In Gundam00, Celestial Being uses Tarot-based codenames for various things. The main character's Gundam, Exia is also known as The 7 of Swords (which isn't all that symbolic, considering it actually carries seven swords: four beam, two vibrating a Swiss Army Weapon with a blade the size of a bus) for instance.
More straight example can be found in the side storiesGundam 00P and Gundam 00F feature prototype of Celestial Being's Gundams and each Gundam named after things associate with arcana. Gundam Astraea named after goddess Astraea of The Justice. Gundam Sadalsuud named after Sadalsuud of constellation Aquarius, associate with The Star. Gundam Abulhool named after sphinx in The Chariot. And finally, Gundam Plutone named after Pluto is either Death or Judgement.
While Gundam Wing doesn't explicitly use tarot imagery, an offical tarot deck was released for the show, featuring characters and mobile suits. You can see it here.
The third part of JoJo's Bizarre Adventure has a group of characters that all have astral-projection based superpowers called "Stands" themed and named after the major arcana. After using up the tarot, later series opted to use the same naming scheme for the character names - late 20th Century pop and rock music.
In the case of CLAMP's X/1999, the creators themselves released a tarot deck. The major arcana art was clearly created with this purpose in mind, but the minor arcana art is mostly recycled from art books. Still, a beautiful (and often pricey) piece of functional art.
The Ending Theme of D.N.Angel shows tarot cards slowly turning around—partially because Risa enjoys telling the future with them.
The Kindaichi Case Files has a serial killer leaving behind Tarot Cards at the crime scene, but Kindaichi very quickly realizes that the killer doesn't understand the cards because said killer leaves the Hanged Man card upside-down.
Kaori Yuki's Count Cain makes liberal use of Tarot cards: Maryweather is introduced as a Tarot-reading street urchin (who continues to read Tarot spreads throughout the series); and the organization Delilah refers to its members by their card names.
The first scene/page in both the anime and manga versions of Ayashi No Ceres feature Aya getting a tarot reading, and the reader freaking out about what she sees.
In Yami No Matsuei during the cruise ship arc, the murderer leaves Tarot cards on or near the bodies of his victims, which serve to reveal the corpse's secrets and explain why they deserved to die. Of course, we find out later, Muraki was the killer, and he was doing it mostly to mess with Princess Tsubaki's head.
One of the endings for Pani Poni Dash! has different characters as tarot cards each episode. Sometimes they fit, other times they're tangentially related at best.
Trinity Blood had its own tarot deck released with the DVD box sets, with illustrations by the same artist who worked on the novels.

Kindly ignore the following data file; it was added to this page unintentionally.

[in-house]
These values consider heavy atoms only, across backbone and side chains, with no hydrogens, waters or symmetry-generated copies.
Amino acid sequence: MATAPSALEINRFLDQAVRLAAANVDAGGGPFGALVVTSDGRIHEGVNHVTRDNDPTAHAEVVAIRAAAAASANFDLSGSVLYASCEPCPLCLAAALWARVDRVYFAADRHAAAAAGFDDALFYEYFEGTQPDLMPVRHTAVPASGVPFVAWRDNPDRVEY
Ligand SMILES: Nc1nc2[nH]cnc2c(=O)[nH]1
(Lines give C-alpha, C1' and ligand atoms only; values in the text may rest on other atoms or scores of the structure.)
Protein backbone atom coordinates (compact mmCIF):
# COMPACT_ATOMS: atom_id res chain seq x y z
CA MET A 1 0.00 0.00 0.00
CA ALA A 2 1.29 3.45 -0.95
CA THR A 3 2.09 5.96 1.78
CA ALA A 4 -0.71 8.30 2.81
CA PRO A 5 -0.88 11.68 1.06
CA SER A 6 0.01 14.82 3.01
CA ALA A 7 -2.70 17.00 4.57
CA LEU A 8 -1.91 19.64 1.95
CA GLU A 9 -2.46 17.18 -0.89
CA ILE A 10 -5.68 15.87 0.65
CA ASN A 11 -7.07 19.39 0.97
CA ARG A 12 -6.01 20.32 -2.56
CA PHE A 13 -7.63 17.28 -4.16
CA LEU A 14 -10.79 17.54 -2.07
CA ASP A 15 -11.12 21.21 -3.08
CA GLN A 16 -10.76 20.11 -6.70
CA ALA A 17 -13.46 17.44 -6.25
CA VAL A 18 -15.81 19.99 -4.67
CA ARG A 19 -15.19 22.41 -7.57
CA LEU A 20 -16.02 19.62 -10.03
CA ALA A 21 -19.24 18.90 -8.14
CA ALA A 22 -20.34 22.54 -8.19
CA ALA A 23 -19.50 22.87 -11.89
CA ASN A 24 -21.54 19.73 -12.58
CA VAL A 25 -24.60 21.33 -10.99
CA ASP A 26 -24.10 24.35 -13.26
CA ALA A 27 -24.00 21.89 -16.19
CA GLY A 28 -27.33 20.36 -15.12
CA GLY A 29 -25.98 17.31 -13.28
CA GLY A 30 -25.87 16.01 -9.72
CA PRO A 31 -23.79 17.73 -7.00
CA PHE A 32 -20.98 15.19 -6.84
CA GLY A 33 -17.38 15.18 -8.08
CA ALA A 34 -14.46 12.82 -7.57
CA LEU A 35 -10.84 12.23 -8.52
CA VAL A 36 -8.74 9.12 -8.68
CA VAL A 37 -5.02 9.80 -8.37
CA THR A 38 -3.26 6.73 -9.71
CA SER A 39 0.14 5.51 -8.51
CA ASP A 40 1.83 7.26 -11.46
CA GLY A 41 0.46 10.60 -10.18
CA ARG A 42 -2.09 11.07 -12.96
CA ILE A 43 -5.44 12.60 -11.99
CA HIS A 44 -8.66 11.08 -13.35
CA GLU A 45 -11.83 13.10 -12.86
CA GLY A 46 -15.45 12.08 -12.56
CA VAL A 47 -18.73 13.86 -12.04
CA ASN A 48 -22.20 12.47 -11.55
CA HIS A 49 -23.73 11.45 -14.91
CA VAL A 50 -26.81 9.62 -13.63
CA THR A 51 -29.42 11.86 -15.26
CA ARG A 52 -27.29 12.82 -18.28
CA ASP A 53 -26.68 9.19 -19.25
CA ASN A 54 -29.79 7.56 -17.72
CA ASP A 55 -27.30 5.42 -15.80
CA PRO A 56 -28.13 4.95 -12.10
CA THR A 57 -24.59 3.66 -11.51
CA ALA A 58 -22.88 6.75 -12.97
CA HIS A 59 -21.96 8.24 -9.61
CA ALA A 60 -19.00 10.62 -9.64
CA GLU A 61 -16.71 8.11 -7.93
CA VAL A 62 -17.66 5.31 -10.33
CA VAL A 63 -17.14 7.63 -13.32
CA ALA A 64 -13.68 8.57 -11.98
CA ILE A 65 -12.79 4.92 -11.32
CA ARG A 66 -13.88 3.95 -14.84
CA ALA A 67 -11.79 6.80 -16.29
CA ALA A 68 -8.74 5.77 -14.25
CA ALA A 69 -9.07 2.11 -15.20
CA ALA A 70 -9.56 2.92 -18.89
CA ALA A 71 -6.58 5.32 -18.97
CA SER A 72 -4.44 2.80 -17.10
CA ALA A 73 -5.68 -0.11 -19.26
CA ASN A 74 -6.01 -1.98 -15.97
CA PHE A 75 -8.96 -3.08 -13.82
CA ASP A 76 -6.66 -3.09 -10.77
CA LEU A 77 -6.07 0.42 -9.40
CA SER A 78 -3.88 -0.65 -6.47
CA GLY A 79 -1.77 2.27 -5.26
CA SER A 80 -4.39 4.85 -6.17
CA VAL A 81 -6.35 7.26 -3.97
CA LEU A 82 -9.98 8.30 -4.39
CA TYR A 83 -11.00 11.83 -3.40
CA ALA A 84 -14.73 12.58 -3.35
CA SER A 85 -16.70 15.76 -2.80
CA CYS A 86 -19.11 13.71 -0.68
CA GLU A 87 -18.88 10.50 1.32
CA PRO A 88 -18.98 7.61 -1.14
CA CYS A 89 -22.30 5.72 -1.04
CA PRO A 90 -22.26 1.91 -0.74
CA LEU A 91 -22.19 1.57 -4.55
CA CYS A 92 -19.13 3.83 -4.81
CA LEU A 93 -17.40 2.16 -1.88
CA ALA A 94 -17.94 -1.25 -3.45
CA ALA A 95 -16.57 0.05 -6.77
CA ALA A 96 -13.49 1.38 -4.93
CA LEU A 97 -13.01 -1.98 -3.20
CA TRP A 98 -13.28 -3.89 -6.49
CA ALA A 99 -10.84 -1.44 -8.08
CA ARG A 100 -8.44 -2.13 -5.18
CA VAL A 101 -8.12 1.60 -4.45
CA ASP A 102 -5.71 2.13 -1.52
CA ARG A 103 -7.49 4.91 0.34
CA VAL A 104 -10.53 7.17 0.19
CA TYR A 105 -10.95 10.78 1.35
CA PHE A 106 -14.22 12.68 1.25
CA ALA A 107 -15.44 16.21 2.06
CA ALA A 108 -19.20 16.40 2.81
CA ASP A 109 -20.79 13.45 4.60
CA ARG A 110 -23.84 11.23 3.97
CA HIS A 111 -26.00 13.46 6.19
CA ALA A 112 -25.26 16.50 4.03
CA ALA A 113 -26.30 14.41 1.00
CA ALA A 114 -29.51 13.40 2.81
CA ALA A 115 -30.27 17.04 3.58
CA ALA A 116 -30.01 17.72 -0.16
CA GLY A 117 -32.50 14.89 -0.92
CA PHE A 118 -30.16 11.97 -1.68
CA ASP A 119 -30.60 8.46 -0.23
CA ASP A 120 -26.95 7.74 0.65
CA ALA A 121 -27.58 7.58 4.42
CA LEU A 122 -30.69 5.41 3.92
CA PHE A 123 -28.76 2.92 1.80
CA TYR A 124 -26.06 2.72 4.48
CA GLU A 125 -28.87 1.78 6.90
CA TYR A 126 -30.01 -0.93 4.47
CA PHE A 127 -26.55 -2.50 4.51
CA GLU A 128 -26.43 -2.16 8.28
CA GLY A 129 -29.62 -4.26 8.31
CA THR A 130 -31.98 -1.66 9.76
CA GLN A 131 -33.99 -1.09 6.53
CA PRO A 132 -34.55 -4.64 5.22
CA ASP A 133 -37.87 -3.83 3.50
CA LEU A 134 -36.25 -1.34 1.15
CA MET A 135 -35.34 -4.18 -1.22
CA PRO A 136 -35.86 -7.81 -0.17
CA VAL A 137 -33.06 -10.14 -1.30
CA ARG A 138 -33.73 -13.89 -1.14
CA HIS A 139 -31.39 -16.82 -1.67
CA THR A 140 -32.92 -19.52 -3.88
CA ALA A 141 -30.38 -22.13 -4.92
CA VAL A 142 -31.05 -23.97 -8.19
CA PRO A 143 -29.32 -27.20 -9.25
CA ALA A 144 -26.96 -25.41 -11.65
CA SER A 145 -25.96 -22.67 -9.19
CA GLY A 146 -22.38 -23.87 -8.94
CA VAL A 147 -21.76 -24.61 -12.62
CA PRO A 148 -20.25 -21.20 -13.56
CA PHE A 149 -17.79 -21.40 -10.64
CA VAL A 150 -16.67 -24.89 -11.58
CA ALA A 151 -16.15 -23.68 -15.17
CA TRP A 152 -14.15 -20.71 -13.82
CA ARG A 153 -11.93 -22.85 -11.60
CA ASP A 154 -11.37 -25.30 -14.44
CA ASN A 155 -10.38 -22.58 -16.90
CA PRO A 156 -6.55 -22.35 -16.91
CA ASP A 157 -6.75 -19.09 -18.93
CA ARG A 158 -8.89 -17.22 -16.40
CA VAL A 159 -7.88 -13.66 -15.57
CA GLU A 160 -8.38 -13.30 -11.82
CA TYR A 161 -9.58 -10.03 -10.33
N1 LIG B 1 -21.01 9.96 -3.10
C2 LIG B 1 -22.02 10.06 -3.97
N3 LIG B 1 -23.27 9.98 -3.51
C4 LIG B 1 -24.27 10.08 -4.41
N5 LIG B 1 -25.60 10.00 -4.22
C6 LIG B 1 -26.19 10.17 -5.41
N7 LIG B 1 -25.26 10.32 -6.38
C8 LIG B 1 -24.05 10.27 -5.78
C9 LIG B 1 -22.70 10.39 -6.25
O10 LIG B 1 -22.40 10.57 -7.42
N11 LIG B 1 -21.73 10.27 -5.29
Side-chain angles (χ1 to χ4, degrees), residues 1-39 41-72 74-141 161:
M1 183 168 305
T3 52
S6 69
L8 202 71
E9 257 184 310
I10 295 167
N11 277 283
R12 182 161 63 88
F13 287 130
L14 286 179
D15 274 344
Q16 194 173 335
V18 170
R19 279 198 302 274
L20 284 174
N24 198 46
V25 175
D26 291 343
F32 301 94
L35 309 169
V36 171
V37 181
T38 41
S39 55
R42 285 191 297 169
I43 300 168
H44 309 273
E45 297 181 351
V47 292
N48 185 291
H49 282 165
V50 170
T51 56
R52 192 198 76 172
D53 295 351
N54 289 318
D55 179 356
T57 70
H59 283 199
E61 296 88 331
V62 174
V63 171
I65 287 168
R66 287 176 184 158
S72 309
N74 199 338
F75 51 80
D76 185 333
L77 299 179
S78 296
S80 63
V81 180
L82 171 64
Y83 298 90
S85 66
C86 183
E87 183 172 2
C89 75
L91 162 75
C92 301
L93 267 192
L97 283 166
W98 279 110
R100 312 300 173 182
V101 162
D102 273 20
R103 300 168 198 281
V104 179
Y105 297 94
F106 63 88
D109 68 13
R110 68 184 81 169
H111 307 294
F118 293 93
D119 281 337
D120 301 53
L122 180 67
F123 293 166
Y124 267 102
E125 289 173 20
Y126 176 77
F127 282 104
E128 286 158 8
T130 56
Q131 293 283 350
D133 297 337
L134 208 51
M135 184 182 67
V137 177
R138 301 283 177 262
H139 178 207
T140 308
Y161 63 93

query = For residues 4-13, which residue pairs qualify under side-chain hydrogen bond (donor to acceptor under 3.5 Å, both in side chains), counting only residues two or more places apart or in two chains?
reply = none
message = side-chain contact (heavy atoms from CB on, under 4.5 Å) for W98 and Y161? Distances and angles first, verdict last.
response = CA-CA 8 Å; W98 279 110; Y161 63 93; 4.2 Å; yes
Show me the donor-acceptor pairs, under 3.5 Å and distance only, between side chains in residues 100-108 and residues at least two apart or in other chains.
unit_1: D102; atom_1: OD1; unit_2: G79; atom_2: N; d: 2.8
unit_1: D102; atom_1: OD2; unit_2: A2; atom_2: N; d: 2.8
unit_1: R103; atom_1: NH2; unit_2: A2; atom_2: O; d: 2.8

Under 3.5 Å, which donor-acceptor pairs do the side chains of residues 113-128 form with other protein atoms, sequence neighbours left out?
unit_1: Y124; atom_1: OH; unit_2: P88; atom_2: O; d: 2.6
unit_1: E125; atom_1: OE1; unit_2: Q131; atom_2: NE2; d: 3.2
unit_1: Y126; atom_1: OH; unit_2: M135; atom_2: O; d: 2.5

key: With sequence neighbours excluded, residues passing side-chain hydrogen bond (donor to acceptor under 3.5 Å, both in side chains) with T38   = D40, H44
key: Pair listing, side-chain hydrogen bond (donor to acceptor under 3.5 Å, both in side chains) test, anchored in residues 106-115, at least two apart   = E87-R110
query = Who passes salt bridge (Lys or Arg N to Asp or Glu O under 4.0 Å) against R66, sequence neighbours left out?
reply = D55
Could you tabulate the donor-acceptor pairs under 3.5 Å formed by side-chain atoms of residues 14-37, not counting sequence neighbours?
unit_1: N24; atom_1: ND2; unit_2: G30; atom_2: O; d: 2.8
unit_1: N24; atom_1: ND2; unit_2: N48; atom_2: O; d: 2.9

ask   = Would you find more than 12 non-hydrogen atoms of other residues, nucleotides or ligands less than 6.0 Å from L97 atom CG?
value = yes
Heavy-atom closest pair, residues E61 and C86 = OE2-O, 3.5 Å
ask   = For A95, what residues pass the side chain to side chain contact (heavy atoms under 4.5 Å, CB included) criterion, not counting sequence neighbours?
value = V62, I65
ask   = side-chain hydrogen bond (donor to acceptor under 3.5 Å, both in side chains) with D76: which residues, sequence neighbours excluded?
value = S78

Hyouka has the main cast discussing which cards represent them best after dealing with a fellow student with the nickname 'Empress'. Eventually they decide that Chitanda is The Fool, Satoshi is The Magiciian, Ibara is Justice and Oreki is Strength.
Rebuild of Evangelion had aswell it's own tarot set. Most notably, it had Rei as The Fool although this one was shared with Rei I and III, The Star and The World note In her Lilith form ; Kaworu was The Hierophant, The Moon and Death note In this case, he wielded two scythes ; Shinji was Justice and Asuka was The Empress note though for now she's only a princess
In Neil Gaiman's Books of Magic series, the main character visits the end of the universe and discovers that the last living entities are psychic after-echoes of people throughout history who have merged into the major arcana, with the explanation that the tarot cards were inspired by subconscious character archetypes that all people come from and eventually return to.
Earlier on in the series, he gets a reading from Madame Xanadu, and the four cards drawn correspond to the four members of the Trenchcoat Brigade that are acting as his guides.
This crosses into Hellblazer comic when a dead wizard sends him a message showing the the line of people who have held the position of the "Laughing Magician" that he's inherited he's hasn't it's his unborn twin brother who's the Laughing Magician who is using the power that comes with it to screw with John's life making him commit mental suicide allowing the twin to take over, it's that kind of comic. Amongst these are Lady Constantine, other figures from the Constantine family and a figure of Constantine in jester clothes who quotes from the conversation that the soul entity that Timothy confused with John (because he looked exactly like Constantine in jester clothing) in the Books of Magic suggesting they are the same person. Though the entity isn't named from the dress it's obvious it's meant to represent the Fool and it dosen't take much Wild Mass Guessing to suggest that the souls from Laughing Magician line join to become part of (or all of) the fool entity. Also notably John Constantine takes up the position of the fool in the Vertigo Tarot Deck.
Tarot cards tend to show up in Hellblazer from time to time. Constantine confronted his inner demon (in a figurative, yet slightly literal sense), in the form of different tarot cards, in one issue.
Unless it's the same demon, another issue has Constantine "exorcize" all his bad habits and send them down to hell. After being an unambiguously good guy for a while, he's told via expy tarot cards (I don't recall "Reynard the Fox" in any real tarot deck) that he needs the bad parts of himself and has to regain his magnificentlymanipulative abilities. It's implied the mysterious card reader is Jesus.